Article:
"In This America" by Spokane poet Kathryn Smith

I wake at 3 a.m. in this America,
head split with migraine, pain
like a spear. I swallow
prescriptions, sleep until noon. 
I’m sweat-soaked and dreaming
strange dreams of America. 
I’m planning a life
as a recluse in this America. 
I tunnel earth beneath
the stairwells of this America,
or was that in the dream, or is this
America a dream, oh, what use
is dream in this America. 
I am saying
my prayers in this America,
spending my money on co-pays
in this America, counting my blessings like
slaughtered sheep. I sleep
and wake and repeat in this America.
I sleep and fear and shake. 
My antidepressant is on backorder
in this America. I’m scheduling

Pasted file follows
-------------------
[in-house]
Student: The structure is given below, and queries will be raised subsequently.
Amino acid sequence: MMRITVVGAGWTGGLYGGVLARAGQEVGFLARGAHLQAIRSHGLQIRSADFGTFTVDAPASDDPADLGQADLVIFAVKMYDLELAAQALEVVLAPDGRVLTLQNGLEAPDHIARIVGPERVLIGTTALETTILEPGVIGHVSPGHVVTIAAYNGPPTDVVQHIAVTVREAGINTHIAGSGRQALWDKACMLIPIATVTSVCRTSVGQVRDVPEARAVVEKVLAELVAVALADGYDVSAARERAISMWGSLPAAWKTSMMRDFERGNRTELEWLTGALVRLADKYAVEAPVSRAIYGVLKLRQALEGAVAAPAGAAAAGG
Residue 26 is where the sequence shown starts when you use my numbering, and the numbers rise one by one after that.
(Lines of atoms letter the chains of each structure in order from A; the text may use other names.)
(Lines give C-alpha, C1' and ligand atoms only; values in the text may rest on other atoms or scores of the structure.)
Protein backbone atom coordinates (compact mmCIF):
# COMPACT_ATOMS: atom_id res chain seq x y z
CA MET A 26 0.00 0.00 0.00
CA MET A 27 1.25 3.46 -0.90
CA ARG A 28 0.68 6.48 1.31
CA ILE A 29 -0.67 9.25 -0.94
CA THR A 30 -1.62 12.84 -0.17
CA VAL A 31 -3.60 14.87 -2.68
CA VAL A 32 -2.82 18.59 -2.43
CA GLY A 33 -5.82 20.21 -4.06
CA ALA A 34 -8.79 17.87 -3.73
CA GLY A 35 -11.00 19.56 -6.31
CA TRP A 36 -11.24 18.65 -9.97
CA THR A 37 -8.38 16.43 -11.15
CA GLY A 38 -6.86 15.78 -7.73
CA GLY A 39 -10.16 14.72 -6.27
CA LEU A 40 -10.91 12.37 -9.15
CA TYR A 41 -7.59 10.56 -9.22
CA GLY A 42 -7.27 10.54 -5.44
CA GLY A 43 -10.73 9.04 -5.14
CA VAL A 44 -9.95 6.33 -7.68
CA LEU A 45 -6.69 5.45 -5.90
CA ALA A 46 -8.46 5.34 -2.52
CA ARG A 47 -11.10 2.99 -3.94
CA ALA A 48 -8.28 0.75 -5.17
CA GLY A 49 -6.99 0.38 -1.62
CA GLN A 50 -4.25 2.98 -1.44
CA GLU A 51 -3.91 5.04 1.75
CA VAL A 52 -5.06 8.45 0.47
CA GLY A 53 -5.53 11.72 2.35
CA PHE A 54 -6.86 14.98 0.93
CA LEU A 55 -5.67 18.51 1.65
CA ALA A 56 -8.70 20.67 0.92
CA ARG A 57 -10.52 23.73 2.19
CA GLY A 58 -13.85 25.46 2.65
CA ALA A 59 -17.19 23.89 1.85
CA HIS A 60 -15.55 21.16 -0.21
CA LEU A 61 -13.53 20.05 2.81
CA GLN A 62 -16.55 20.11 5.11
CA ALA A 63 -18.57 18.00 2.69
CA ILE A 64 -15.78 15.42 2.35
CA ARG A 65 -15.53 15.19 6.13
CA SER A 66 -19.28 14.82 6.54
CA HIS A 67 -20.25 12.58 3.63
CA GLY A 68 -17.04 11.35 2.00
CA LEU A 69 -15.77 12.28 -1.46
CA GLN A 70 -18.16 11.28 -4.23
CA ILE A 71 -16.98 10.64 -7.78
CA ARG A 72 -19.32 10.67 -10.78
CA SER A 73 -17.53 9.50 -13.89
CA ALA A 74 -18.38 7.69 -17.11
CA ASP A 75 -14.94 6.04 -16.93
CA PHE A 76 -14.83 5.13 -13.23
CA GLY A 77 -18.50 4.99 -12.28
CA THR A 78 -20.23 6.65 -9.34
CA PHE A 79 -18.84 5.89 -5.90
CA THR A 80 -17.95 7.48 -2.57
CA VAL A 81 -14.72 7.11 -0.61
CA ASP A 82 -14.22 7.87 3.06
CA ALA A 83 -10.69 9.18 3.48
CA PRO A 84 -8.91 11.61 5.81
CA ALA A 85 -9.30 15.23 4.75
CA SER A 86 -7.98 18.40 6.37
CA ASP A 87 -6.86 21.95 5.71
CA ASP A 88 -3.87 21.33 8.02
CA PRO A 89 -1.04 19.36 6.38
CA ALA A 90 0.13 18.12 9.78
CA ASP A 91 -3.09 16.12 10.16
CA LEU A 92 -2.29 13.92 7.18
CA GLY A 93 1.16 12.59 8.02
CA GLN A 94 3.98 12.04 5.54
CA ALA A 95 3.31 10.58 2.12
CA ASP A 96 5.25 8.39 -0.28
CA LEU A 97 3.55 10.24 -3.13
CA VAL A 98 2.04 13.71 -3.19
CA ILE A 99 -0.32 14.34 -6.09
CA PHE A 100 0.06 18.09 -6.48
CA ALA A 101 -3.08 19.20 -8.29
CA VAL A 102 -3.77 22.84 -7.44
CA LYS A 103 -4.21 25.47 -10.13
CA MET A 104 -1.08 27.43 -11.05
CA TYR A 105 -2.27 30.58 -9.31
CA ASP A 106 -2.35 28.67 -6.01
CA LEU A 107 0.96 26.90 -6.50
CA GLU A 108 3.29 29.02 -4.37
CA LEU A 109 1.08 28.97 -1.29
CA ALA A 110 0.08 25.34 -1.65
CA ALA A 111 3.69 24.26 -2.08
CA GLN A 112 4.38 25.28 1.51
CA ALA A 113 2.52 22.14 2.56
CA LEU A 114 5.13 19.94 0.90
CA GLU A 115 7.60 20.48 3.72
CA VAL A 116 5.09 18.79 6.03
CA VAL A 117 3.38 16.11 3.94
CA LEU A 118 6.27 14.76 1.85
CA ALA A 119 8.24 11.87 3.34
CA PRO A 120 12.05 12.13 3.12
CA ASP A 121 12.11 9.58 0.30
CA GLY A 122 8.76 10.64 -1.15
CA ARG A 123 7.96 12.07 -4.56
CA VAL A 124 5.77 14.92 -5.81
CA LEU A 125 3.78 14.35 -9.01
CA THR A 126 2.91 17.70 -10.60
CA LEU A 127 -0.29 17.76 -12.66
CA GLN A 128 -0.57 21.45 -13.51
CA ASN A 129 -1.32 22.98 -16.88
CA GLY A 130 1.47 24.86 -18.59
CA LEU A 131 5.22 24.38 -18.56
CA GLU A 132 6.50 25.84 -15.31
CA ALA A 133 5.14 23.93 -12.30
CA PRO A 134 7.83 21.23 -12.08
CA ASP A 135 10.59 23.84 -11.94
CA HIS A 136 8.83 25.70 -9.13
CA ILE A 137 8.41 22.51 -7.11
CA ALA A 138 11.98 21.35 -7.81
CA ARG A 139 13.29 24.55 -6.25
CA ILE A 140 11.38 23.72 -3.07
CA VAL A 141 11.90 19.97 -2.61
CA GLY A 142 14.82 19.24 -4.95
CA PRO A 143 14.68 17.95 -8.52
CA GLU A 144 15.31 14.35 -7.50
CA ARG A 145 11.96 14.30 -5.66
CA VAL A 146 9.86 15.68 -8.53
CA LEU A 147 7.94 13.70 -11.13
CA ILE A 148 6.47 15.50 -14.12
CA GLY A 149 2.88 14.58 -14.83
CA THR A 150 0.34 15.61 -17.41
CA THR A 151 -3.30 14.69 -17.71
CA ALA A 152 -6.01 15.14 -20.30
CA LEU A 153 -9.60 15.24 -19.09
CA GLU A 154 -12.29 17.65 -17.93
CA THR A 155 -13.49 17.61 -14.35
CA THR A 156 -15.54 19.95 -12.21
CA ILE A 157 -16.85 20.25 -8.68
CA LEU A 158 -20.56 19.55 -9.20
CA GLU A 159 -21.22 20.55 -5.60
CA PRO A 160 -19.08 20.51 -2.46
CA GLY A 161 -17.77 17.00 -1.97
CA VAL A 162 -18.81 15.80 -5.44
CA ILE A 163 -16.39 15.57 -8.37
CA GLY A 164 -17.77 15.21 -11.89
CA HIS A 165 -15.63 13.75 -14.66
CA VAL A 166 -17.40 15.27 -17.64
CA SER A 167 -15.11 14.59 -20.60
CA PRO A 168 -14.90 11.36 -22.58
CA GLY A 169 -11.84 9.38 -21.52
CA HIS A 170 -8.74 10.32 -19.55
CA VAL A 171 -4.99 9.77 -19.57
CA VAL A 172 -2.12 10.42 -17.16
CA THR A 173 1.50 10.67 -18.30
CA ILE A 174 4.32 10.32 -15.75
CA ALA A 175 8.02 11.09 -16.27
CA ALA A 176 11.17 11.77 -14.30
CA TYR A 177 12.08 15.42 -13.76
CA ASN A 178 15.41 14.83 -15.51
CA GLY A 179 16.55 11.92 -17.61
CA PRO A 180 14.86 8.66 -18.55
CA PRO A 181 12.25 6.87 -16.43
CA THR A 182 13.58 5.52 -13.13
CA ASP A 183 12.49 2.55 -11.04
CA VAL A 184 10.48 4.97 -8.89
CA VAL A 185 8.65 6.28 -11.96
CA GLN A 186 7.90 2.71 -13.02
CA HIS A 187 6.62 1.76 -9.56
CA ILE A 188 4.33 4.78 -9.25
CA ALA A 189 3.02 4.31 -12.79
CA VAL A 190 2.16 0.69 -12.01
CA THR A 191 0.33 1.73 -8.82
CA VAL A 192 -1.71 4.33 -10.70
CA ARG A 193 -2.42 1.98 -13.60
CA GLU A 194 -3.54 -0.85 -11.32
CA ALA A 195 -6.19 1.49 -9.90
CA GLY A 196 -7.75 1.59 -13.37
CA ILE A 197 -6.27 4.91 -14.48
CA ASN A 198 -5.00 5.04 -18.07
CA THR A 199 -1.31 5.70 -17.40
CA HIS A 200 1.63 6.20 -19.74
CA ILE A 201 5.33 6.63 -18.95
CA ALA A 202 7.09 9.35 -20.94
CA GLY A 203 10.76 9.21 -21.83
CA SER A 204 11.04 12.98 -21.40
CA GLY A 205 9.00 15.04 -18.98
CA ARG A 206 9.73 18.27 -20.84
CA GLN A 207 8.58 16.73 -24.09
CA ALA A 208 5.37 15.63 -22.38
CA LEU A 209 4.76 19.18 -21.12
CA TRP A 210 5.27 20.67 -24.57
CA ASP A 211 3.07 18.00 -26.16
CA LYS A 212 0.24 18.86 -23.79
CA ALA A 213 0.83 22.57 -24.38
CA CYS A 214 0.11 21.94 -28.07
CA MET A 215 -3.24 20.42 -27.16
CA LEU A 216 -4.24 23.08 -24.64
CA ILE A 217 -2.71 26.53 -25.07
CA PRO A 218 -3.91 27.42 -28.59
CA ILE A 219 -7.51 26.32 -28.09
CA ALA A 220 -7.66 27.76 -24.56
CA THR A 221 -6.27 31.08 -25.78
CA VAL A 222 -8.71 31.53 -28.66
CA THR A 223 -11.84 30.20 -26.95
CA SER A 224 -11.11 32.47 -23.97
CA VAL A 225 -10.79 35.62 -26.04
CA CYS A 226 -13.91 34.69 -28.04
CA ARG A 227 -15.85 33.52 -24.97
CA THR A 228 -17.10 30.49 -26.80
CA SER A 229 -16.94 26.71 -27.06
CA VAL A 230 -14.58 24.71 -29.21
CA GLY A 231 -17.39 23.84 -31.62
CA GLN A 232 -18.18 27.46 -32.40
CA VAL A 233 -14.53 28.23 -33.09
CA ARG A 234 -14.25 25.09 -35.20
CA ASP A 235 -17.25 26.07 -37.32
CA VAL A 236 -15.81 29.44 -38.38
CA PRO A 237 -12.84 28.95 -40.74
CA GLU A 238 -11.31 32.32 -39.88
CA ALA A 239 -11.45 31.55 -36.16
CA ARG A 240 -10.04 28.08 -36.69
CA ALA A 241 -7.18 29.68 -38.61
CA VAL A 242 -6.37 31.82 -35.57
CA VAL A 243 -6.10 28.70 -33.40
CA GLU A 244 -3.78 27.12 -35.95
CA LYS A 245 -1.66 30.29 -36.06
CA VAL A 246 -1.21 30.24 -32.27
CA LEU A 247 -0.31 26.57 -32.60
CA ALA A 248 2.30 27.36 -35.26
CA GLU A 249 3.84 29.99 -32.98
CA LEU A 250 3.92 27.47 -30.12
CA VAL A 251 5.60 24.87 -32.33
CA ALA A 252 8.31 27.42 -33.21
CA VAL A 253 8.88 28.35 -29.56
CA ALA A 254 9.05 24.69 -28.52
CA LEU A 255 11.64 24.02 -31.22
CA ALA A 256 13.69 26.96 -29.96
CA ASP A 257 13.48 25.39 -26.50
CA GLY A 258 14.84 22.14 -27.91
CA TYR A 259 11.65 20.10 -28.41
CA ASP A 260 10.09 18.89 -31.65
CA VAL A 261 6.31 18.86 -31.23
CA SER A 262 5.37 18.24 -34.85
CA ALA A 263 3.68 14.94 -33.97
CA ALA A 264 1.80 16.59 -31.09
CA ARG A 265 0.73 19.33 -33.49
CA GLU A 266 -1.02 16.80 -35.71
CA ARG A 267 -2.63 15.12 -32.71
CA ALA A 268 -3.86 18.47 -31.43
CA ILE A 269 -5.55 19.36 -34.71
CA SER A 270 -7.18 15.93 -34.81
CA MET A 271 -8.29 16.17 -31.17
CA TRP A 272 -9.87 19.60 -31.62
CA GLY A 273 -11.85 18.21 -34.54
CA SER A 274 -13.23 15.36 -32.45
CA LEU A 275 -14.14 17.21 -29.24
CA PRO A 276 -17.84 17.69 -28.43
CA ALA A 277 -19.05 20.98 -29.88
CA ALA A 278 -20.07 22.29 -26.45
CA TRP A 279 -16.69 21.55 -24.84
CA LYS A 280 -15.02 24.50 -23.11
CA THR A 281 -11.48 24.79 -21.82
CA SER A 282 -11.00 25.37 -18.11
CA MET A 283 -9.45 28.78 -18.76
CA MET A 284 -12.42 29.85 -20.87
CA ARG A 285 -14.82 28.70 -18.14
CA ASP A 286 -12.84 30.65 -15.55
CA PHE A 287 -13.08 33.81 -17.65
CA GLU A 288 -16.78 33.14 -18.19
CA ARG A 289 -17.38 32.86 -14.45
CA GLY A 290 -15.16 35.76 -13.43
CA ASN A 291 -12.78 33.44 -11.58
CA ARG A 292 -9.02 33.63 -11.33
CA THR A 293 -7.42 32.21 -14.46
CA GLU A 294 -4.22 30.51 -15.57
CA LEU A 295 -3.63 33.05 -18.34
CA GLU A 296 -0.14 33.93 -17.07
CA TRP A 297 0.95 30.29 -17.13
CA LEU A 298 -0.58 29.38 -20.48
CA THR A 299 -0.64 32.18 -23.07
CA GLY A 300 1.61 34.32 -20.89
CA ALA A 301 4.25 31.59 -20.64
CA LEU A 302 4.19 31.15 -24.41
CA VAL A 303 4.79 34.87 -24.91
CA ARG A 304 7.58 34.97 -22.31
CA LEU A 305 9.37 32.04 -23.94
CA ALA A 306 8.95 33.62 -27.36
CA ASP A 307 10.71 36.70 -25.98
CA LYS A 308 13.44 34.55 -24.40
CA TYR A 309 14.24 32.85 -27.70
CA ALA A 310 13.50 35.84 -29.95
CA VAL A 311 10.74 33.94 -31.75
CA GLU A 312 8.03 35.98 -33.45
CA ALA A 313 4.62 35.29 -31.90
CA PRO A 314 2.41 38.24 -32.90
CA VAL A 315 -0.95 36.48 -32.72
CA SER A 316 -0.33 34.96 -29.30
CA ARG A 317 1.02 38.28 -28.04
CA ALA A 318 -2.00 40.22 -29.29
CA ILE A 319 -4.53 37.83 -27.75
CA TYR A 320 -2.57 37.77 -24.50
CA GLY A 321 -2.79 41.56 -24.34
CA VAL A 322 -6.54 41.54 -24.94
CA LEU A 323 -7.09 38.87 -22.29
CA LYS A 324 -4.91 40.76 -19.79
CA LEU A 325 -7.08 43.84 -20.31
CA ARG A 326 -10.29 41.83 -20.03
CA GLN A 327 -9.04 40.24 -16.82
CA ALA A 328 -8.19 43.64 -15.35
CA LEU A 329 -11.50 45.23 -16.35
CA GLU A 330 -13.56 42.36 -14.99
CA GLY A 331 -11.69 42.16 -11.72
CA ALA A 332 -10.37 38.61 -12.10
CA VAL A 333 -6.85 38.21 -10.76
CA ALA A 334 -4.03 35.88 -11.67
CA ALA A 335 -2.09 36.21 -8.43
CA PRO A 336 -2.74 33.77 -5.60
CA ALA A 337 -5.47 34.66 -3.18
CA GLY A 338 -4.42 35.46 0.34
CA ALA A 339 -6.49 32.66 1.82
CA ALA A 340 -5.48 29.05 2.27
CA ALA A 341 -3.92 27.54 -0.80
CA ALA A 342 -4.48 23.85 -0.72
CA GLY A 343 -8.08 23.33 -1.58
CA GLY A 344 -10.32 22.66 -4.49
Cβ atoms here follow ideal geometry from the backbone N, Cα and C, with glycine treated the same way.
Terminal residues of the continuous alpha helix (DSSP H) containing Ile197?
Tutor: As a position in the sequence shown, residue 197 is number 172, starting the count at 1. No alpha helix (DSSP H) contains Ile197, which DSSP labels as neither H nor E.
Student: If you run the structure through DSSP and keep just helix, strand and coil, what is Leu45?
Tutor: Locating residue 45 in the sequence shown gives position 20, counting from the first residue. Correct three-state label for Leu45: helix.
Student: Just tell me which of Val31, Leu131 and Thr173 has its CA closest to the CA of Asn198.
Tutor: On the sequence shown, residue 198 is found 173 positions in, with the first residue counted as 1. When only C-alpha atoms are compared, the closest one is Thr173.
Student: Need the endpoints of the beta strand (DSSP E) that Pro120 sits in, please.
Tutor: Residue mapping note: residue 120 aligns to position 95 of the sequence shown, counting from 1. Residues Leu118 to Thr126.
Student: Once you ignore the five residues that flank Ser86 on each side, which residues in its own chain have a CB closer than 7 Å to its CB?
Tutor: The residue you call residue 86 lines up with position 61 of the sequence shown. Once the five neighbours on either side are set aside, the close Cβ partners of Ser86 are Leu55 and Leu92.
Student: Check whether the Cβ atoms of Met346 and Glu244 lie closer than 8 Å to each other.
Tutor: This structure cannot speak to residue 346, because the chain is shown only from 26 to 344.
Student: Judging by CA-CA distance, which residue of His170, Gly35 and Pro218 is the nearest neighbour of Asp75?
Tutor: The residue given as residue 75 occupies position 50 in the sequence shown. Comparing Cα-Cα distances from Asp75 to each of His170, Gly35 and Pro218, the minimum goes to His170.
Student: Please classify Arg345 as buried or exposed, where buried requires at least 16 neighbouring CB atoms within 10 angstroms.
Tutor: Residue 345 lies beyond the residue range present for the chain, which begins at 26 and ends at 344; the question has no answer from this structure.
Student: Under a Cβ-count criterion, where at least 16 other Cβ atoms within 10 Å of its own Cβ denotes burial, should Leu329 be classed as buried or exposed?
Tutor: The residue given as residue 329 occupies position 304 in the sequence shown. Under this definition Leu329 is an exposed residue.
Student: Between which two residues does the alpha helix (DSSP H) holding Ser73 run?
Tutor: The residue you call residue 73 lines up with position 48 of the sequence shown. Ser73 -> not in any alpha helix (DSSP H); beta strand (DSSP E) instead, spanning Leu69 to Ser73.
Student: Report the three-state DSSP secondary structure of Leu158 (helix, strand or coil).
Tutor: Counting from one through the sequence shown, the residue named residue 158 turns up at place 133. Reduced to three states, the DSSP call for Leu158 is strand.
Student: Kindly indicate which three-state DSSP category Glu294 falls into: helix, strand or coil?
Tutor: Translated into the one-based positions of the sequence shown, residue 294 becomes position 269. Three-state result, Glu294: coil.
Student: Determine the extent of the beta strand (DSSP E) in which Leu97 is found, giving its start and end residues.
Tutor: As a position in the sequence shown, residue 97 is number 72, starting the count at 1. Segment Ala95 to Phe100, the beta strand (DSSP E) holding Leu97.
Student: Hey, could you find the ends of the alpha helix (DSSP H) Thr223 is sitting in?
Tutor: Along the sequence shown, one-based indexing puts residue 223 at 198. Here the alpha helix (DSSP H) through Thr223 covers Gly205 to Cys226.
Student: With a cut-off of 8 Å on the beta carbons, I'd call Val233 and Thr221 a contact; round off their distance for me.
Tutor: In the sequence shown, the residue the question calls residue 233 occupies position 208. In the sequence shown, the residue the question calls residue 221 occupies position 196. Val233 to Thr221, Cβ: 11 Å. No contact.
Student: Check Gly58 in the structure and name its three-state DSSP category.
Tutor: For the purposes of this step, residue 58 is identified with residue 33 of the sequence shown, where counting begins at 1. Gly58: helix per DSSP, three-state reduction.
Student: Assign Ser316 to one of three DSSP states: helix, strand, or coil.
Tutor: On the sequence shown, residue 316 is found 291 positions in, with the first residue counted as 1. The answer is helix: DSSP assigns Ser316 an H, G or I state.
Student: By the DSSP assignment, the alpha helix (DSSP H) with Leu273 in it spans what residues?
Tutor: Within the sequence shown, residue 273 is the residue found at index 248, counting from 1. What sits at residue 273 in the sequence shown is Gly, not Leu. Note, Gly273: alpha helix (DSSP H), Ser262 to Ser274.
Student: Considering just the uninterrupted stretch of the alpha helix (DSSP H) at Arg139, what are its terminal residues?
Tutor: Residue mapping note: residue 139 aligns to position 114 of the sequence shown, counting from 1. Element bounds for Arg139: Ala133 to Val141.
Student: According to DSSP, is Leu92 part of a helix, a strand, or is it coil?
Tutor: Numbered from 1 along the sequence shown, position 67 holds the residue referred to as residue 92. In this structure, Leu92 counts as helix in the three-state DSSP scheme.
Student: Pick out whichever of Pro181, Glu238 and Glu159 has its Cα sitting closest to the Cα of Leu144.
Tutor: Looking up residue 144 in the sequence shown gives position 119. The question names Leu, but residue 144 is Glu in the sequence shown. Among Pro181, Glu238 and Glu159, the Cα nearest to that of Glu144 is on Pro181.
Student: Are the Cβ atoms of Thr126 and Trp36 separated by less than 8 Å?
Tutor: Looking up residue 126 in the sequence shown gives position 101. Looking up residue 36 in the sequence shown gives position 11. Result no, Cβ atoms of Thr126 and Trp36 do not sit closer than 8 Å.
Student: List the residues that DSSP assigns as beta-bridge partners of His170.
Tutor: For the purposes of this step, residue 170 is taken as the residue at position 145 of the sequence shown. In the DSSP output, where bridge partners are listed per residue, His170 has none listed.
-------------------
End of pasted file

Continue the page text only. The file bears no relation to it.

appointments in this America.
I’m wearing the same clothes
every day in this America. I haven’t
been outside in weeks. 
I don’t want to be
afraid of you, America, 
but I can’t shake
your shadow behind me. 
You’re lurking again, America. 
You’re grabbing
my pussy at the bus stop, 
America. You’re beating
my wife for being my wife. I thought
we were over this, America. 
You’re turning in your gyre,
America. I’m waiting
to be born in this America. I’m pacing
the streets of this America, echoing
the prophecies of history’s mistakes.
You’ve pulled yourself up
by the bootstraps, America, 
by crushing the toes
of the shoeless.
I’m embarrassed for you, America. 
I feel sorry for you, America. 
I am calling in sick in this America.
I think you should do the same, America.
I’m quitting my job in this America.
I’m giving my money to refugees
in this America. I’m writing letters
to the widows of this America. I’m burning
my resume in this America, I am
crafting new allegiance
in this America, this
I pledge. I promise you.